"Companies need to consider what an oil shock would do to their business and create a contingency plan for that event. It may not happen, but at this point a company that didn't plan ahead would look pretty negligent if something did happen," Colas said.
Doug Roberts, chief investment strategist for Channel Capital Research, shared a similar sentiment. He told TheStreet that a disruption of the Suez Canal, a narrow passage where millions of barrels of crude oil pass every day each year, would lead to spiking oil prices and significantly higher costs for companies with global operations.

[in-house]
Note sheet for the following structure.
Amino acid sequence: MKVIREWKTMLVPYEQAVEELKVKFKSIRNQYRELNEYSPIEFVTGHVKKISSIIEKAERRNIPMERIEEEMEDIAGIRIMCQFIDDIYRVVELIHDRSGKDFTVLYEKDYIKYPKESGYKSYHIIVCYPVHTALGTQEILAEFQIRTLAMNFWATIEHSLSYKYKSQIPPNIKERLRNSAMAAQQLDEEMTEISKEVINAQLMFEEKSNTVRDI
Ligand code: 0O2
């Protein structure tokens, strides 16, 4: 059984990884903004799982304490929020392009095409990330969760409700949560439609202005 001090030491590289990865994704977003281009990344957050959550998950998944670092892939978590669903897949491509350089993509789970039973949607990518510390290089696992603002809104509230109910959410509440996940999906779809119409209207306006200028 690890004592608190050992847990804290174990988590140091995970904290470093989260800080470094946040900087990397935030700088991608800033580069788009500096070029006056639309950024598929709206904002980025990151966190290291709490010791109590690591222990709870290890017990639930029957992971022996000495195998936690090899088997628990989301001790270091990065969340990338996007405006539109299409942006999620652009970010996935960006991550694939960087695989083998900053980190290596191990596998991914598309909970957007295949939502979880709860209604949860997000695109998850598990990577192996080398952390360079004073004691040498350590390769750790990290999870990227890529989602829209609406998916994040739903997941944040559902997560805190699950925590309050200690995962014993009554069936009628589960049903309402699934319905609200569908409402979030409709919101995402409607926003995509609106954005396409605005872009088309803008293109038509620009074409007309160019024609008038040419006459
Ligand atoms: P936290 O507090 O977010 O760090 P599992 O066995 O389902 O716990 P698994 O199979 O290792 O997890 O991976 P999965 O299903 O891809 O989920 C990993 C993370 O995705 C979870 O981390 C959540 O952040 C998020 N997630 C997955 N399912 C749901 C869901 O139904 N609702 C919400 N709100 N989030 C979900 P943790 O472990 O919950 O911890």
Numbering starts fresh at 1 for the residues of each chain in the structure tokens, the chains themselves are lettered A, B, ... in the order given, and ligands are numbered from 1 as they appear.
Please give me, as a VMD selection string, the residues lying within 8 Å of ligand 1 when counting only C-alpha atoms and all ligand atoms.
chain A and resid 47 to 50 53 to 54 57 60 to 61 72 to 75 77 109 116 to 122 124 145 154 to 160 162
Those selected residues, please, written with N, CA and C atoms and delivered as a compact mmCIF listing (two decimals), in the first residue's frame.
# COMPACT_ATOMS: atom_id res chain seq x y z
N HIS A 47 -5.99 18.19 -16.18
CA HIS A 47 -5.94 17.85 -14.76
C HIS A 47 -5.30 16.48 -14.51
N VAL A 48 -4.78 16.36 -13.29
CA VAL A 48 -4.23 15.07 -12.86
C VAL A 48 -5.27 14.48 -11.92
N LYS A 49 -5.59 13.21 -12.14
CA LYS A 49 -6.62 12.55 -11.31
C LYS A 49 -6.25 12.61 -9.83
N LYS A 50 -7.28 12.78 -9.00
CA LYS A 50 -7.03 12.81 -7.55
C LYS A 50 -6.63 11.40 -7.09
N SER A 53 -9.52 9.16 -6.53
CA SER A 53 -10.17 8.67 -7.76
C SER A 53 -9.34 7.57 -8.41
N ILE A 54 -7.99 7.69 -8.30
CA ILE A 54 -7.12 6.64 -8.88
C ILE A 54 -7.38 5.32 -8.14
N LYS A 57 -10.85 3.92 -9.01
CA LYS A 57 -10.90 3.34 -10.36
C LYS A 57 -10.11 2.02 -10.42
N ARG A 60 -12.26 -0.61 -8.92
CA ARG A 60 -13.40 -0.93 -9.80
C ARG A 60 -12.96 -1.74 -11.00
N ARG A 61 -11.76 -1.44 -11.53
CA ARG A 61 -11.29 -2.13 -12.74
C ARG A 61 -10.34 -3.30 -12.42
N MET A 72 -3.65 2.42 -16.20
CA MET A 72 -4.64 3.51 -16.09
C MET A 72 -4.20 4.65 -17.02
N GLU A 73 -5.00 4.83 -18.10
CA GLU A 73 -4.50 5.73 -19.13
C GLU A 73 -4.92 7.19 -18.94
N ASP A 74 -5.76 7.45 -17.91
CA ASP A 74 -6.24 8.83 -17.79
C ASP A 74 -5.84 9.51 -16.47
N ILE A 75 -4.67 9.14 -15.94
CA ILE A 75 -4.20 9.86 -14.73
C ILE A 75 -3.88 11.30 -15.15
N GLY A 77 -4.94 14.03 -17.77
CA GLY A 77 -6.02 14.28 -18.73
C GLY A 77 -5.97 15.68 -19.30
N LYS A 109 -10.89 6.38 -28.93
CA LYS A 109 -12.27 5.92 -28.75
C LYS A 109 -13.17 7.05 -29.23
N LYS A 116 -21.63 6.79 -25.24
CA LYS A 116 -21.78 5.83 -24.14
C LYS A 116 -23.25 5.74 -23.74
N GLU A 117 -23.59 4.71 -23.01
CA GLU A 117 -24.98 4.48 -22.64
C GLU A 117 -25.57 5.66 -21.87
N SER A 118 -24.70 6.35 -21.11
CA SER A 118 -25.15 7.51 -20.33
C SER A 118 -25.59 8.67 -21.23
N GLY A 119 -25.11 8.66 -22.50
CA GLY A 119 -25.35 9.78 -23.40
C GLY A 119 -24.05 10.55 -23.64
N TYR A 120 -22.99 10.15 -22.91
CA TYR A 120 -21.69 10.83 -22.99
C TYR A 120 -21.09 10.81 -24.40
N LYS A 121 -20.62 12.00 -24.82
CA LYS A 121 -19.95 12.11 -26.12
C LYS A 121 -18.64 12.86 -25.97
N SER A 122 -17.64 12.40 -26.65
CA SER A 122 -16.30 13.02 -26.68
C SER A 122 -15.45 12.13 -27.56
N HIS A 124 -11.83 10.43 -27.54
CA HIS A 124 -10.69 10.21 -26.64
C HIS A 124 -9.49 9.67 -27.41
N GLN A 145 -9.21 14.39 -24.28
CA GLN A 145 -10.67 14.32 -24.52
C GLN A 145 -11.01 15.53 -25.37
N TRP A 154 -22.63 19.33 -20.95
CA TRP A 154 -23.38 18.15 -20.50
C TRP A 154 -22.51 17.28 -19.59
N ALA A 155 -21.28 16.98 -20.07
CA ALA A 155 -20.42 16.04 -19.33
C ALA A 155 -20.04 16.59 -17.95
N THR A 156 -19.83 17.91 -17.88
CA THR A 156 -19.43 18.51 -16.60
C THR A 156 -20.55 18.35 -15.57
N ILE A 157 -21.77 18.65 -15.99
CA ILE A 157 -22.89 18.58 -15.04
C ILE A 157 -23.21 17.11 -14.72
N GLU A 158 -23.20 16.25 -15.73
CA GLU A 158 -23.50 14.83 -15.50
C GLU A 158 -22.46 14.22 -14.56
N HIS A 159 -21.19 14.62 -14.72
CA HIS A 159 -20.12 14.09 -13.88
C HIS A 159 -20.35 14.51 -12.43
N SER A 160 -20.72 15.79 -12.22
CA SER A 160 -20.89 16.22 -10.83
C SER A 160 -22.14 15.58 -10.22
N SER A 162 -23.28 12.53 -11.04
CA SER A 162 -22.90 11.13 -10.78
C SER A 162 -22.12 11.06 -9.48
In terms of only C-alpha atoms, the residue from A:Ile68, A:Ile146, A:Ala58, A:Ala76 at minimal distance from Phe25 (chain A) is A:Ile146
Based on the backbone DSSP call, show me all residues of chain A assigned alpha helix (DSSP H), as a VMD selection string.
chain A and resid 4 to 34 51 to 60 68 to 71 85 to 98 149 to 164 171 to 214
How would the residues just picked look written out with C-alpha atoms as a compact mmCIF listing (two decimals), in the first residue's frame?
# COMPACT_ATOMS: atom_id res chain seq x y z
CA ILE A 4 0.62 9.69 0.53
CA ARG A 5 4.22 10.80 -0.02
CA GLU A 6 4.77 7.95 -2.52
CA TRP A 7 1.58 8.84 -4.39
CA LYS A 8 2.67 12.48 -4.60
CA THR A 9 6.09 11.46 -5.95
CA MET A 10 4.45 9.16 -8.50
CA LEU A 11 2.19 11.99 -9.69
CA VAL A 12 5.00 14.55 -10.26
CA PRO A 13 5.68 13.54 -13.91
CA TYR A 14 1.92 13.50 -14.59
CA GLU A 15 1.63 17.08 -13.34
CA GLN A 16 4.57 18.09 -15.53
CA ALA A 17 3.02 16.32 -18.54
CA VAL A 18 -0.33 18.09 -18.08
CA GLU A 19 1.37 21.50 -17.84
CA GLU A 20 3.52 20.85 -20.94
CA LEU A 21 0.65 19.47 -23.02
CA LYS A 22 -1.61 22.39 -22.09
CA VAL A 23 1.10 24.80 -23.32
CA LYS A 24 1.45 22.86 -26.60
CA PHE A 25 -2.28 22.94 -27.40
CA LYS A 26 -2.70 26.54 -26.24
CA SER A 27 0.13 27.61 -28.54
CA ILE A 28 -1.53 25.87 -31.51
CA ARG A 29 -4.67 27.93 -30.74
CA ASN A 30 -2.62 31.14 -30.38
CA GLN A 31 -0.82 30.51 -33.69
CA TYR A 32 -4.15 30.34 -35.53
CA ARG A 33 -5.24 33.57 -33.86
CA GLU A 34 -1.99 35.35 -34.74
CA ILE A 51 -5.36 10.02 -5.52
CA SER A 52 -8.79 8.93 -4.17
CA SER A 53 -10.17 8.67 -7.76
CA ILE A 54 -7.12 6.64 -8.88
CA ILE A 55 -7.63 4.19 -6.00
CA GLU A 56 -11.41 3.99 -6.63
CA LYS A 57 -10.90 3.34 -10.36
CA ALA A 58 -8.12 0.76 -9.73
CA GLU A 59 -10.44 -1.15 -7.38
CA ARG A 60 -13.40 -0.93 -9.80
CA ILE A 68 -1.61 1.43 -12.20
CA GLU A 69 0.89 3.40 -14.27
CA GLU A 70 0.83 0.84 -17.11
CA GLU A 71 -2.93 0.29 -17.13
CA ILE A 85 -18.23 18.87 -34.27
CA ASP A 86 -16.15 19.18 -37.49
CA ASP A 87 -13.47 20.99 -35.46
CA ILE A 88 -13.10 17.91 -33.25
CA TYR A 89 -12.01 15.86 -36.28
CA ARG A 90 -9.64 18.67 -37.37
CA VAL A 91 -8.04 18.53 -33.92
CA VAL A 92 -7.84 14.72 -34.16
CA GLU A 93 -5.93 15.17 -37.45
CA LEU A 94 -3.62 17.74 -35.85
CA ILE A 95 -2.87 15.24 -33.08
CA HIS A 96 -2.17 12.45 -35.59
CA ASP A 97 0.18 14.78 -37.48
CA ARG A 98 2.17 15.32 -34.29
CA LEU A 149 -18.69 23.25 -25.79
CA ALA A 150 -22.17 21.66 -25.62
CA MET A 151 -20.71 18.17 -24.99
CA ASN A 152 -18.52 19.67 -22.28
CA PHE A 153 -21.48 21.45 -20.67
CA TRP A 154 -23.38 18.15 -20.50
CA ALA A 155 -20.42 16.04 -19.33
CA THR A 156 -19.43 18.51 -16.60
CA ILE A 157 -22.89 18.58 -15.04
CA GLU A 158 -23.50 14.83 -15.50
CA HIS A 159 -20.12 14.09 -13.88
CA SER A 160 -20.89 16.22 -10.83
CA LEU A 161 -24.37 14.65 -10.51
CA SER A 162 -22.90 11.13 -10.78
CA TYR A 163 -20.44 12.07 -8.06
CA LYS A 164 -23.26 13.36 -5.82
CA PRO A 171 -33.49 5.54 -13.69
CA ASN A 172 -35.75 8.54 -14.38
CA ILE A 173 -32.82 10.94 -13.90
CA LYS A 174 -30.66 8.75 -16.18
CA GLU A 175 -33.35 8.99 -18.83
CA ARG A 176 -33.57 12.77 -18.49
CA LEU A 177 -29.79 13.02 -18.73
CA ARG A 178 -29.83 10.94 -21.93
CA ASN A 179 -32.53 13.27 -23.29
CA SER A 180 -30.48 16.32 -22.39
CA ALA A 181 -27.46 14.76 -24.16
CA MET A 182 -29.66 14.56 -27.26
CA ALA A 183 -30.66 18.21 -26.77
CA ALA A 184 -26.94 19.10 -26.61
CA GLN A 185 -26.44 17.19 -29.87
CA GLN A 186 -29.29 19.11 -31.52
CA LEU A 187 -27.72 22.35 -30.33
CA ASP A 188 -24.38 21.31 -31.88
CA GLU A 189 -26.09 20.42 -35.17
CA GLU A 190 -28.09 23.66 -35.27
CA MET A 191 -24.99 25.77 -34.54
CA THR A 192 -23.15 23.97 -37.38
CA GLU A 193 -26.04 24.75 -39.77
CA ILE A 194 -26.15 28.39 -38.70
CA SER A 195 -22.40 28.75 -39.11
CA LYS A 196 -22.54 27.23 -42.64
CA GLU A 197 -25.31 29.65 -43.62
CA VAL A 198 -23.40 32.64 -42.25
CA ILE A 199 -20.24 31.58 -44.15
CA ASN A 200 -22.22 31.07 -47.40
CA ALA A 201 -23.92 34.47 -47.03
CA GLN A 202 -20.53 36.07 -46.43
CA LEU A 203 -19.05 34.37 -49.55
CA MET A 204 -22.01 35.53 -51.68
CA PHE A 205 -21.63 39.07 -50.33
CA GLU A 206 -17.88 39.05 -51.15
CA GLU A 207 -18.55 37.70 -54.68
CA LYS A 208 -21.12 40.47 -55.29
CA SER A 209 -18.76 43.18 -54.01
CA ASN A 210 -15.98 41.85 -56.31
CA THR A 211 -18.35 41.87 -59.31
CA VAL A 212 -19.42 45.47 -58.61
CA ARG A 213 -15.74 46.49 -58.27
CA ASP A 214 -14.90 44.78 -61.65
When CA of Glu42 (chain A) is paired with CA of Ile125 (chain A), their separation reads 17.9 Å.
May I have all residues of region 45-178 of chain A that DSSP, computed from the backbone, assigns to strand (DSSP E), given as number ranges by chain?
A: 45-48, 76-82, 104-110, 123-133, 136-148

Businesses around the world that rely on oil and goods shipped through the Suez Canal would either need to look for alternative suppliers that do not travel through the passageway, or for alternate, more expensive shipping routes such as heading south and circling around South Africa.
Oil tanker shares like
(OSG) and even
(DRYS), which operates dry-bulk ships but also operates a small fleet of oil-exploration ships, soared last week as the political turmoil in Egypt triggered
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